Fishing report for Dec. 15

The state has set a tentative date for the first razor clam dig of the season. Digging will be allowed at Copalis Dec. 24-26 if tests show clams are safe to eat.
The state has set a tentative date for the first razor clam dig of the season. Digging will be allowed at Copalis Dec. 24-26 if tests show clams are safe to eat. Staff file, 2015


The first razor clam dig of the delayed season will take place Dec. 24-26 on evening tides at Copalis Beach, if tests show clams are safe to eat. The season, which typically opens in October, has been delayed because domoic acid levels have been too high. Eating clams and other seafood with high levels of domoic acid can lead to illness or even death.

Test results from Copalis posted Nov. 23 showed levels at 14 parts per million. The safety threshold is 20 ppm.

If clams are safe to eat, here are the low tide times for the upcoming dig at Copalis: Dec. 24, 5:47 p.m., -1.2 feet; Dec. 25, 6:30 p.m., -1.3 feet; and Dec. 26, 7:12 p.m., -1.1 feet.


Chelan: The fishing isn’t hot by any means, but people are catching a mix of lake trout, kokanee and landlocked chinook. Trolling at Colyar Ledge and off Mitchell Creek has been producing bites.

Harts: People are catching a mix of rainbow trout, catfish and crappie. Trout anglers have been using yellow or white Power Eggs.

Potholes: The walleye fishing has been slowed by weather conditions, including strong winds.

Roosevelt: Rising water levels and the weather have slowed the action for rainbow trout. Dough baits in chartreuse or orange are resulting in some hookups for bank anglers.


Cowlitz: River conditions have slowed the action. According to state creel checks of 10 bank anglers, they caught and released one adult and three jack coho. Last week, Tacoma Power recovered 505 coho adults, 175 jacks, six summer-run steelhead, six winter-run steelhead and six cutthroat trout in five days at the Cowlitz Salmon Hatchery separator.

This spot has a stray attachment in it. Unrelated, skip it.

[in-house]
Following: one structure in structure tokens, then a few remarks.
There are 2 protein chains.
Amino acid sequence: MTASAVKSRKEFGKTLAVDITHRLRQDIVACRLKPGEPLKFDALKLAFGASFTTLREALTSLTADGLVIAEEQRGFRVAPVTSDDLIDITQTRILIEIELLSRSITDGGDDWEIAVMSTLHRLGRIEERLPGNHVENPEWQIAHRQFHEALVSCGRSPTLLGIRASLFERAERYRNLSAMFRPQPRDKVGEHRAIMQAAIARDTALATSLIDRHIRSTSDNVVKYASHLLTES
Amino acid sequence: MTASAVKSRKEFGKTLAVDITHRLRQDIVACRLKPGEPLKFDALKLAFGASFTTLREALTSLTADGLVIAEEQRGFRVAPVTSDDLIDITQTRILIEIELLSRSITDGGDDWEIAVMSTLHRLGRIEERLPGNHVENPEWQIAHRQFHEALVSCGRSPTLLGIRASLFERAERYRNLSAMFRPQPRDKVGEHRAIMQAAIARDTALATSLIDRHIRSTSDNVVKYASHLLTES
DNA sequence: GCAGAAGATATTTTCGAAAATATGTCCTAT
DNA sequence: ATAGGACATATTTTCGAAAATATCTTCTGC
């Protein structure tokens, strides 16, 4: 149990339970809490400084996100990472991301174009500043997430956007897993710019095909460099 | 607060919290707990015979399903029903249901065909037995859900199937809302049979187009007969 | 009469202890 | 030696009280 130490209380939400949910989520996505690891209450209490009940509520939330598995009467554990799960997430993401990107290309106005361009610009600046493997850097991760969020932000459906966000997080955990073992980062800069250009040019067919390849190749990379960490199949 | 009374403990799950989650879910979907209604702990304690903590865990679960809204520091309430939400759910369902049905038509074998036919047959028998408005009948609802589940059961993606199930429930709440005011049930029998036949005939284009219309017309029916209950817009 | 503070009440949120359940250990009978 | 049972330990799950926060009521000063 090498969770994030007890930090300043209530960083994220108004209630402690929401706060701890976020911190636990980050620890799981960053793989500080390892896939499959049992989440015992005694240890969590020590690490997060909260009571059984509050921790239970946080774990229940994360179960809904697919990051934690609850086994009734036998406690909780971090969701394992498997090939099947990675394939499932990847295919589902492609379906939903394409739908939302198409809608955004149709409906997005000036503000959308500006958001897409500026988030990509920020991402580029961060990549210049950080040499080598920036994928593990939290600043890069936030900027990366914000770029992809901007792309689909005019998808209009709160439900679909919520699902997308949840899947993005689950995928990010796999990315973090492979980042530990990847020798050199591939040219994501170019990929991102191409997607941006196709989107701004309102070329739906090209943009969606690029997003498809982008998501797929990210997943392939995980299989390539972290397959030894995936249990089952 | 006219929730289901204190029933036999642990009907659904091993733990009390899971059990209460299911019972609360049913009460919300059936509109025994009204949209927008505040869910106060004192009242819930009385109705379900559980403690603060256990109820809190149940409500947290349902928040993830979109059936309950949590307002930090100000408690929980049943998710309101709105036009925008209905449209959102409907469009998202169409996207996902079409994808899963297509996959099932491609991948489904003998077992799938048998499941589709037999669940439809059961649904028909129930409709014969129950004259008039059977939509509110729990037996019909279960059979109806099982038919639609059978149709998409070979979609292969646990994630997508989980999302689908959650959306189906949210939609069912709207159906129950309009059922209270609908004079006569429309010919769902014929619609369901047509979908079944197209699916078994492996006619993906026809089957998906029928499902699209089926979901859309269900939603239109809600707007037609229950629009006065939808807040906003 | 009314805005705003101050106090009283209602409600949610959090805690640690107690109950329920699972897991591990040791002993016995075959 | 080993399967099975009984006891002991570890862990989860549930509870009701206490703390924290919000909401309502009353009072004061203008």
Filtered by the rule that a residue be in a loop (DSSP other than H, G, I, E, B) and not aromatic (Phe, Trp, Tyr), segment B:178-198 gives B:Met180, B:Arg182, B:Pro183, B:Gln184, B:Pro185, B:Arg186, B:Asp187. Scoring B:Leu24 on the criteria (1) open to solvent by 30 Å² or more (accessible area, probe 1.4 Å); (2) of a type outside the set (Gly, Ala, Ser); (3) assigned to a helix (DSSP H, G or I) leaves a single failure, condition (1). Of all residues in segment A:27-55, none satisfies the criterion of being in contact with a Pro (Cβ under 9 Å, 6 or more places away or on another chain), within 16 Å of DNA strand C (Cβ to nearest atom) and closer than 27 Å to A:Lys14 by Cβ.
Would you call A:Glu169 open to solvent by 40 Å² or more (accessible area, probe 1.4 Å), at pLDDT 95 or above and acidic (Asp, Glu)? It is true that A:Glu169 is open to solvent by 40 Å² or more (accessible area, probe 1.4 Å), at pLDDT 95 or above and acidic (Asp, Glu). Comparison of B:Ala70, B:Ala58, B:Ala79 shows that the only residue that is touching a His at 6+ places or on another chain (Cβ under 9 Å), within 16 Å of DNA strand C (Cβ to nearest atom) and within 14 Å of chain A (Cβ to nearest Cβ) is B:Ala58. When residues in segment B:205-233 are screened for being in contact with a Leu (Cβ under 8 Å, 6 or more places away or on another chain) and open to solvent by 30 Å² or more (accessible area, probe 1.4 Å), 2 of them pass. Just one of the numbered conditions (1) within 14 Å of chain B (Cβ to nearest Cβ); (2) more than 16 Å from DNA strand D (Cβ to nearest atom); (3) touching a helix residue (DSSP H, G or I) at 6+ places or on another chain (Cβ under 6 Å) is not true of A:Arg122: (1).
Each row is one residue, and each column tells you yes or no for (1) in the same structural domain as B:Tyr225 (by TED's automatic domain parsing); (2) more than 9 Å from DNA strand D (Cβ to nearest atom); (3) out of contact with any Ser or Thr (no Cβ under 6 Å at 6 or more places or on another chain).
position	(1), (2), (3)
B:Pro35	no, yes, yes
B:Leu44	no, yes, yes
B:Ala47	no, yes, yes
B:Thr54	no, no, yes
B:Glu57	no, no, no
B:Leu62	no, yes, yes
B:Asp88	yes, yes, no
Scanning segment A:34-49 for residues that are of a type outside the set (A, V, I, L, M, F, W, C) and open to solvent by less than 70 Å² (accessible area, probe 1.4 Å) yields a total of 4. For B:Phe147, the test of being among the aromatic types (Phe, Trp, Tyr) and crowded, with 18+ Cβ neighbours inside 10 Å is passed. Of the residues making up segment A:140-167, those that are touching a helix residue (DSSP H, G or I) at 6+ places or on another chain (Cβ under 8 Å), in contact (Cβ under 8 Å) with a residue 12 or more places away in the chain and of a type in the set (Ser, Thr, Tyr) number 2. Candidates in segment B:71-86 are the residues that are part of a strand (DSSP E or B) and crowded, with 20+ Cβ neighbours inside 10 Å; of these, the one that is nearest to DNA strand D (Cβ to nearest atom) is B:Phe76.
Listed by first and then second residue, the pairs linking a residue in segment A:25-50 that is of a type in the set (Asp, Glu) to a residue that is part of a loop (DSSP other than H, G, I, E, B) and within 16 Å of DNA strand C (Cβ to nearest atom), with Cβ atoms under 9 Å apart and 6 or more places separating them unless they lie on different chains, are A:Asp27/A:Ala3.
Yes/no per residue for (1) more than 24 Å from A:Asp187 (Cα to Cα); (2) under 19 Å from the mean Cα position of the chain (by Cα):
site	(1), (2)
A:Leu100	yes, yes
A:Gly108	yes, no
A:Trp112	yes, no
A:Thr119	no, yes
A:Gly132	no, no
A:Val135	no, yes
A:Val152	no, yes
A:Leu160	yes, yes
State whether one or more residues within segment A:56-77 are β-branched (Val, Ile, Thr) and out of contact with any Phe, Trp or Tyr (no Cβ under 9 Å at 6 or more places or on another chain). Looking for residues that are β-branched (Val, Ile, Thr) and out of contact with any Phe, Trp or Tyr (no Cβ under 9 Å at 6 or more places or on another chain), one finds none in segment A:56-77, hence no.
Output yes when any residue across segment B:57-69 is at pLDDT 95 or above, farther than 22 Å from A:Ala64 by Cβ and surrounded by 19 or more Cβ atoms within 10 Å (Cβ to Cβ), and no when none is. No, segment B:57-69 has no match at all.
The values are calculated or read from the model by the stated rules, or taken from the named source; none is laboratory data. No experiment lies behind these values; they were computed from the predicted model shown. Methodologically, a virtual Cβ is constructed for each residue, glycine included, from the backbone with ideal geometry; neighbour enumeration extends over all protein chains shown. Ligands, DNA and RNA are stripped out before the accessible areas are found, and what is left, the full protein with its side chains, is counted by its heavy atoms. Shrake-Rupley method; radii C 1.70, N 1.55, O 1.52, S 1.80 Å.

Olympic Coast: If it doesn’t rain too much more, the coastal rivers should be in good shape as the weekend approaches. The fishing for hatchery steelhead and early native steelhead was fair to good before the heavy rains.

Puyallup: Despite the fall in the river level, the fishing is extremely slow.

Tilton: Last week, Tacoma Power employees released 118 coho adults, 64 jacks, two cutthroat trout and three winter-run steelhead into the river at Gust Backstrom Park in Morton.

Yakima: It likely won’t be until the weekend before the river is fishable. It is high, cold and off-color right now.


Grays Harbor: On Tuesday, the state lifted the fishing restrictions in Grays Harbor (Catch Area 2-2) and all tributaries to allow anglers to pursue hatchery steelhead. The state did change the salmon daily limit to one hatchery coho in those areas open to salmon fishing.

South Sound: The salmon fishing has been very slow, in large part because of the lousy weather. According to the state’s creel sample report, there were 42 anglers checked at boat ramps across Puget Sound on Friday and Saturday, and they caught just seven chinook. Squidding remains good to very good at night fishing from local docks.

Contributors: State Department of Fish and Wildlife, Red’s Fly Shop,, Jim Kerr of Rain Coast Guides, Anton Jones of Darrell and Dad’s Family Guide Service, Ron Adams at Verle’s Sports Center, Harts Lake Resort and Deli.

Jeffrey P. Mayor: 253-597-8640